Article
Ergonomics journals and journals related to the field of ergonomics were ranked according to a method developed by Dul and Karwowski (2004) to create the Ergonomics Journal List 2005 (EJL2005). The EJL2005 was compared with the EJL2004. The rankings of the best ergonomics journals in EJL2005 were compared with the rankings based on perceived journal quality from a survey among 130 certified European ergonomists. The results show that in the EJL2005, the six primary ergonomics journals are the same as in the EJL2004, although some journals changed position. Eleven new journals showed up in the list of 61 related journals (non-ergonomics journals that regularly publish ergonomics articles). The total number of ergonomics articles in these journals increased from 605 in the EJL2004 to 623 in the EJL2005. There was a high congruence between the ranking of ergonomics journals in the EJL2005 and rankings based on perceived journal quality (Pearson r = 0.90). © 2005 Wiley Periodicals, Inc. Hum Factors Man 15: 327–332, 2005.
 
Article
Since 1918, hand–arm vibration (HAV) exposure, principally from but not limited to vibrating power tools and processes, affects some 1.5 to 2 million regularly exposed U.S. workers and many more worldwide. These HAV exposures usually lead to an irreversible disease of the fingers/hands called hand–arm vibration syndrome whose prevalence is as high as 50% in exposed worker populations. HAVS results not only in hand–arm deterioration, but invariably job loss. To help combat the mounting HAV problem, domestic and international consensus HAV exposure standards were developed and promulgated in the early 1980s; but for the first time, the European Union in 2005 passed into law exposure standards for both HAV and whole-body vibration. In response, in 2006 in the United States, the American National Standards Institute (ANSI) developed, replaced, and promulgated its 1986 HAV exposure standard S3.34 with a completely revised HAV standard—S2.70-2006—thus ushering in new profound implications for power tool users and tool manufacturers and countless related manufacturing operations throughout the United States. The background, salient aspects, safety and health, and manufacturing implications of this new ANSI S2.70 HAV standard are discussed. © 2008 Wiley Periodicals, Inc.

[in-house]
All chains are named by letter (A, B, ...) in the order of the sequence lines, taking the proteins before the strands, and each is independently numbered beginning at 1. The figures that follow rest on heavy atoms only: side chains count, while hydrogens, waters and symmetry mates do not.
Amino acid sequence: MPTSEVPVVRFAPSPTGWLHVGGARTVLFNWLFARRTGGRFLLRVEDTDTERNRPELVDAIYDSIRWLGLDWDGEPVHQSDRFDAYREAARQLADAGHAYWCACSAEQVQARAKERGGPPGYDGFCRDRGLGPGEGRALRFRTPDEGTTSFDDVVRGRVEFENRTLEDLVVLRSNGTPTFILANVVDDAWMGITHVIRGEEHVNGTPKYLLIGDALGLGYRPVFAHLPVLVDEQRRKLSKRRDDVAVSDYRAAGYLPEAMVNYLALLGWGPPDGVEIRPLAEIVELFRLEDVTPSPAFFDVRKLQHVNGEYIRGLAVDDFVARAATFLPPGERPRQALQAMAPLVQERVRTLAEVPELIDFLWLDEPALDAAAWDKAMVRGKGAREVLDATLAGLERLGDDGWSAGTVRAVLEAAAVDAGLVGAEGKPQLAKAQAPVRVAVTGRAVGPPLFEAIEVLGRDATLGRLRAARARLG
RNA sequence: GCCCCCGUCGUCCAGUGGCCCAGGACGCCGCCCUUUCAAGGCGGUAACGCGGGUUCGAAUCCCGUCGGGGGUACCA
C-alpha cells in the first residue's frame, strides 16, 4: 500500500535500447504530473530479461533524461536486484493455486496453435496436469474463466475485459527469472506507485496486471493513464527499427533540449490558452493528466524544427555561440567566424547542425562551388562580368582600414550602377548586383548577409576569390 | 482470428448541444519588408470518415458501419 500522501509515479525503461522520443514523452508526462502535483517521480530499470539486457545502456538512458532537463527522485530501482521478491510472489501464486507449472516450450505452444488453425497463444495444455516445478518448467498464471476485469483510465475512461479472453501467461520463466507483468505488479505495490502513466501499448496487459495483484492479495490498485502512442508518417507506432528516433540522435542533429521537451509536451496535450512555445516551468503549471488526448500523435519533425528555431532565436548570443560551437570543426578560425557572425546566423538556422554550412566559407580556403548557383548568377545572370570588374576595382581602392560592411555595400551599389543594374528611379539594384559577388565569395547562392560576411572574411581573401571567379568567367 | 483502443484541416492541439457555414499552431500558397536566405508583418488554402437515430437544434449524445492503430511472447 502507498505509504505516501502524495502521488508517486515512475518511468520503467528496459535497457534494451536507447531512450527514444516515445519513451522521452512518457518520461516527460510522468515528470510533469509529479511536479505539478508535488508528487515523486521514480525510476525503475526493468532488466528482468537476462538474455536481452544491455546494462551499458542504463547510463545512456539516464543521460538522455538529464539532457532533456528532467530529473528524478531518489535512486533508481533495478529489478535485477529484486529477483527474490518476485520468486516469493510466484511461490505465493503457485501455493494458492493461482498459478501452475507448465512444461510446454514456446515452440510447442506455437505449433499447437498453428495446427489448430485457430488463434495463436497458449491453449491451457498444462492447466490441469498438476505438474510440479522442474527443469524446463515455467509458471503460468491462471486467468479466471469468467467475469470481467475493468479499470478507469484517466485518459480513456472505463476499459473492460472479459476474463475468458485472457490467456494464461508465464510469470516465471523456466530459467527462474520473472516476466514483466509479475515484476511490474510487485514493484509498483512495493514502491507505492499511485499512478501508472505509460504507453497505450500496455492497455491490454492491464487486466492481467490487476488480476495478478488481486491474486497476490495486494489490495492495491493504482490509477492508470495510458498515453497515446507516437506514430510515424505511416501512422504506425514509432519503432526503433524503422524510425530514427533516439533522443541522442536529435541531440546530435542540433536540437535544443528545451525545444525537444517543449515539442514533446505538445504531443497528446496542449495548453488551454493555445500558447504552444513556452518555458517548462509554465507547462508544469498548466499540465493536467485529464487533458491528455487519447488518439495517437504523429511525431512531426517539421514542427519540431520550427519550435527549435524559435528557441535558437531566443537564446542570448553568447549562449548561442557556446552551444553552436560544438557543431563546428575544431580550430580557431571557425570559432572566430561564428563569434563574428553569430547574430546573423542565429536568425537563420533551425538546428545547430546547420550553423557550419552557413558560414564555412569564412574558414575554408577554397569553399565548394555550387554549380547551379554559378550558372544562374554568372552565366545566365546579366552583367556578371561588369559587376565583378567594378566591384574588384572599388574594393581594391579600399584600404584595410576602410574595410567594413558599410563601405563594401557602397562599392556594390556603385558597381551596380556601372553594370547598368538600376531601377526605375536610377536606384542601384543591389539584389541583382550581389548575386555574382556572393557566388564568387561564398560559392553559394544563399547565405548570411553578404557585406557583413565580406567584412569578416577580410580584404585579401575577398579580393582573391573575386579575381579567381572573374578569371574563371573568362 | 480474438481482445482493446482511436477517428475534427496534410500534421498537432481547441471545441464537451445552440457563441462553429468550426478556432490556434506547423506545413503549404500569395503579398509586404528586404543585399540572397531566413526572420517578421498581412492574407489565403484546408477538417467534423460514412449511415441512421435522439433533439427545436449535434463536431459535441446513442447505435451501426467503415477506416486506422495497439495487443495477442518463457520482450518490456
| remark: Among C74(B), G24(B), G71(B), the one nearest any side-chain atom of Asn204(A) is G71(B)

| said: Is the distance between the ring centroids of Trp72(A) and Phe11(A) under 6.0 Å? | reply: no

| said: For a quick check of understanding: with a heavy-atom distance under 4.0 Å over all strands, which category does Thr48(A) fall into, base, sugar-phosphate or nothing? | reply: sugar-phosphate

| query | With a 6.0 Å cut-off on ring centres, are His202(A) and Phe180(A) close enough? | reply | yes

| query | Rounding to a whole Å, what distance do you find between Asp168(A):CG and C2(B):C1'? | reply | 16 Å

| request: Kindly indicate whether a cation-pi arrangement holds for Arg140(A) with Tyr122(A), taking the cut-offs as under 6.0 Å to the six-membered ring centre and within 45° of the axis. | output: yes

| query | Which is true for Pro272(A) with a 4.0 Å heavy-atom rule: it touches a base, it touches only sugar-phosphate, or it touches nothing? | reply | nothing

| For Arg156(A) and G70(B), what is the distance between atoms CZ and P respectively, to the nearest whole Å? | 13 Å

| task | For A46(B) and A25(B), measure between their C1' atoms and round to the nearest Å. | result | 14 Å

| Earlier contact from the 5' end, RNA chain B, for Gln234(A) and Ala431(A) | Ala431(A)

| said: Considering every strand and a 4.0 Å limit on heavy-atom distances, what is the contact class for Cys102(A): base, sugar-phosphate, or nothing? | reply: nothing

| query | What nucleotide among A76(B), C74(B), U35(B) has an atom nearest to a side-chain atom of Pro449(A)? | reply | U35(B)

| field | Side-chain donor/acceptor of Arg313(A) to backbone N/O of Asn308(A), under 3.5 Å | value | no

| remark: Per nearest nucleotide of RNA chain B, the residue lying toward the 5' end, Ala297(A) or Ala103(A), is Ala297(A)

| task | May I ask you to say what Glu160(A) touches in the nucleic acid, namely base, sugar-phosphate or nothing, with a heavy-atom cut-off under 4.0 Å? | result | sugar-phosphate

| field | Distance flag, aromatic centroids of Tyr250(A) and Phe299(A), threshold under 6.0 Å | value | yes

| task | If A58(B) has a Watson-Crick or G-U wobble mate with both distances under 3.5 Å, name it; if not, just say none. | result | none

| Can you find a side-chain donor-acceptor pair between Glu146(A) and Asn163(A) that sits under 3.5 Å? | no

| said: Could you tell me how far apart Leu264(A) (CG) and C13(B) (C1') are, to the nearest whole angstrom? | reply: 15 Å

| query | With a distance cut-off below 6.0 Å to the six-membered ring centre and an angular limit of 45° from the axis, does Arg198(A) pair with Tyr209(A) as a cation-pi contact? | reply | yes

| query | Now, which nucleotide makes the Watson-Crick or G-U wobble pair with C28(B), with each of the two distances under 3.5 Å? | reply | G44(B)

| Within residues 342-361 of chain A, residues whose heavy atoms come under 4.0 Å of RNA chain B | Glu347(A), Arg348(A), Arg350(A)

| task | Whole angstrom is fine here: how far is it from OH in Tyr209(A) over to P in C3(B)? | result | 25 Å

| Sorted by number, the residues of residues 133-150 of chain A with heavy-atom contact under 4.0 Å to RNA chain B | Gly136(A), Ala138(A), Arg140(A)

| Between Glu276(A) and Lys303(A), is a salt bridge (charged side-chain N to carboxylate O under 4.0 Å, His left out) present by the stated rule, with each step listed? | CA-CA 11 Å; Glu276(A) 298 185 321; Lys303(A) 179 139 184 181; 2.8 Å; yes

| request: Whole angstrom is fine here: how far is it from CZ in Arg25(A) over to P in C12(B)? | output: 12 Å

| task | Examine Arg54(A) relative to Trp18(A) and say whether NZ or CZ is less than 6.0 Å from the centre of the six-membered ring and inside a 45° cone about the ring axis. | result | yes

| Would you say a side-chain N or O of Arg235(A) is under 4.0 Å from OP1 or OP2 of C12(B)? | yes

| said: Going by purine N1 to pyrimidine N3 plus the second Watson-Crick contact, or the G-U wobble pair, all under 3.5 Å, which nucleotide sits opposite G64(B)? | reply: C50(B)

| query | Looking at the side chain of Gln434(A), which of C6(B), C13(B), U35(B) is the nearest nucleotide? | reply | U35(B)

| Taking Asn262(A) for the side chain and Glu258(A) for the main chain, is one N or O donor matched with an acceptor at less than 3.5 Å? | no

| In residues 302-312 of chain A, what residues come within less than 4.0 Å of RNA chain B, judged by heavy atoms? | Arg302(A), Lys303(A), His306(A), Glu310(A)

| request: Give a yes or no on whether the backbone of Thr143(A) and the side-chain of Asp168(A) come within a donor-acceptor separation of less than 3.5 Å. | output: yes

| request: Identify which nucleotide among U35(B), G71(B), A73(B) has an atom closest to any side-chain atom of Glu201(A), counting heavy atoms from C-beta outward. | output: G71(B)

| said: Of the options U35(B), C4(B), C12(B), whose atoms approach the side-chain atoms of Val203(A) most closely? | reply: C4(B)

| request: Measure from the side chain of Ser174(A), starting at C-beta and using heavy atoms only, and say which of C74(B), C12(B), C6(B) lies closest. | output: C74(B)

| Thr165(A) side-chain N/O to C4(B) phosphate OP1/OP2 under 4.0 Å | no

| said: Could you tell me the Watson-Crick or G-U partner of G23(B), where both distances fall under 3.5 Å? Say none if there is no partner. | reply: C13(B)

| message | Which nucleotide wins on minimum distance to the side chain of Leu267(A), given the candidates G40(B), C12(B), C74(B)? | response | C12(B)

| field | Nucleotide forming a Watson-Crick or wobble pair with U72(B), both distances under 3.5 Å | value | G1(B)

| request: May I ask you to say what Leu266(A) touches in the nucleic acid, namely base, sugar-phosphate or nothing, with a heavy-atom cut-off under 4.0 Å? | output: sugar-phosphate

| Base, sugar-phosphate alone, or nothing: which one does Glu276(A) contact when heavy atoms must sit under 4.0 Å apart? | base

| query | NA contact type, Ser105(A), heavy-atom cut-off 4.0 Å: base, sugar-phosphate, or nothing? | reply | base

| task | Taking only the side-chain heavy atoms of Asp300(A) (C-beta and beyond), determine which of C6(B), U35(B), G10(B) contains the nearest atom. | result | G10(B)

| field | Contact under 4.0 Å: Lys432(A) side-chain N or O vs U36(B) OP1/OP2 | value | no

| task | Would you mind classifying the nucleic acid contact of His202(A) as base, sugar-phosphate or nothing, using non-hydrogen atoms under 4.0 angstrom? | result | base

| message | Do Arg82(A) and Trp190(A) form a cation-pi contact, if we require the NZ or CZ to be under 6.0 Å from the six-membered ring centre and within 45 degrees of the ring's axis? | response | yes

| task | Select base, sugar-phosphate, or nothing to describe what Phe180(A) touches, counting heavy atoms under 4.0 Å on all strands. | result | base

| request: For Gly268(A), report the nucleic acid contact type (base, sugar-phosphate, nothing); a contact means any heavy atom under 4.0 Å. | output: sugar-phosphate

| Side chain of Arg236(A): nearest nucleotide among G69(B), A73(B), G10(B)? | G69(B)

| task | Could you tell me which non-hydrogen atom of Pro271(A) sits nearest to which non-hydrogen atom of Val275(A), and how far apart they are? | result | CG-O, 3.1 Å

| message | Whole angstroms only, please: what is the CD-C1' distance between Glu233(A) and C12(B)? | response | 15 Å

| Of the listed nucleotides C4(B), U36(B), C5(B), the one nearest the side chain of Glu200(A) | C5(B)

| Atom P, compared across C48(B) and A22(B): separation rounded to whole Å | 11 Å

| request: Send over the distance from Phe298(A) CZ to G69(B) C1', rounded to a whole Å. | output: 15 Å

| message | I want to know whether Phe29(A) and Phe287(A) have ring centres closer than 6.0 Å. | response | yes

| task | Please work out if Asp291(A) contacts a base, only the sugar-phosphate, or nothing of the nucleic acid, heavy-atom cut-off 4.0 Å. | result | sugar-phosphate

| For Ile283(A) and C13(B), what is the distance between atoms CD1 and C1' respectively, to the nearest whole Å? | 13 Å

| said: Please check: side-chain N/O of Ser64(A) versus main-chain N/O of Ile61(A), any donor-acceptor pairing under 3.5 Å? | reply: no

Article
The article presents a new concept of combining the three dimensions (3D) of a person's manipulation space. The data concern information about the reach of the arms and biomechanical data about limiting the load of a disabled person sitting in a wheelchair. Measurement data were acquired empirically, on original measuring station. The data included, respectively, arms’ reach (static and dynamic) or, alternatively, measurements of limiting forces. The obtained data were processed into virtual 3D surfaces of arms’ reach and forces. These surfaces provide the required graphic model of anthropotechnical and biomechanical data. Developed model was utilized to perform a virtual analysis of the accessibility of a disabled person to technical means: in a market sale space and in the ergonomic analysis into the space of a personal car. The presented method of 3D graphic modeling of anthropometrical and biomechanical data can be universally applied in ergonomic designing of work stations not only for disabled persons. © 2011 Wiley Periodicals, Inc.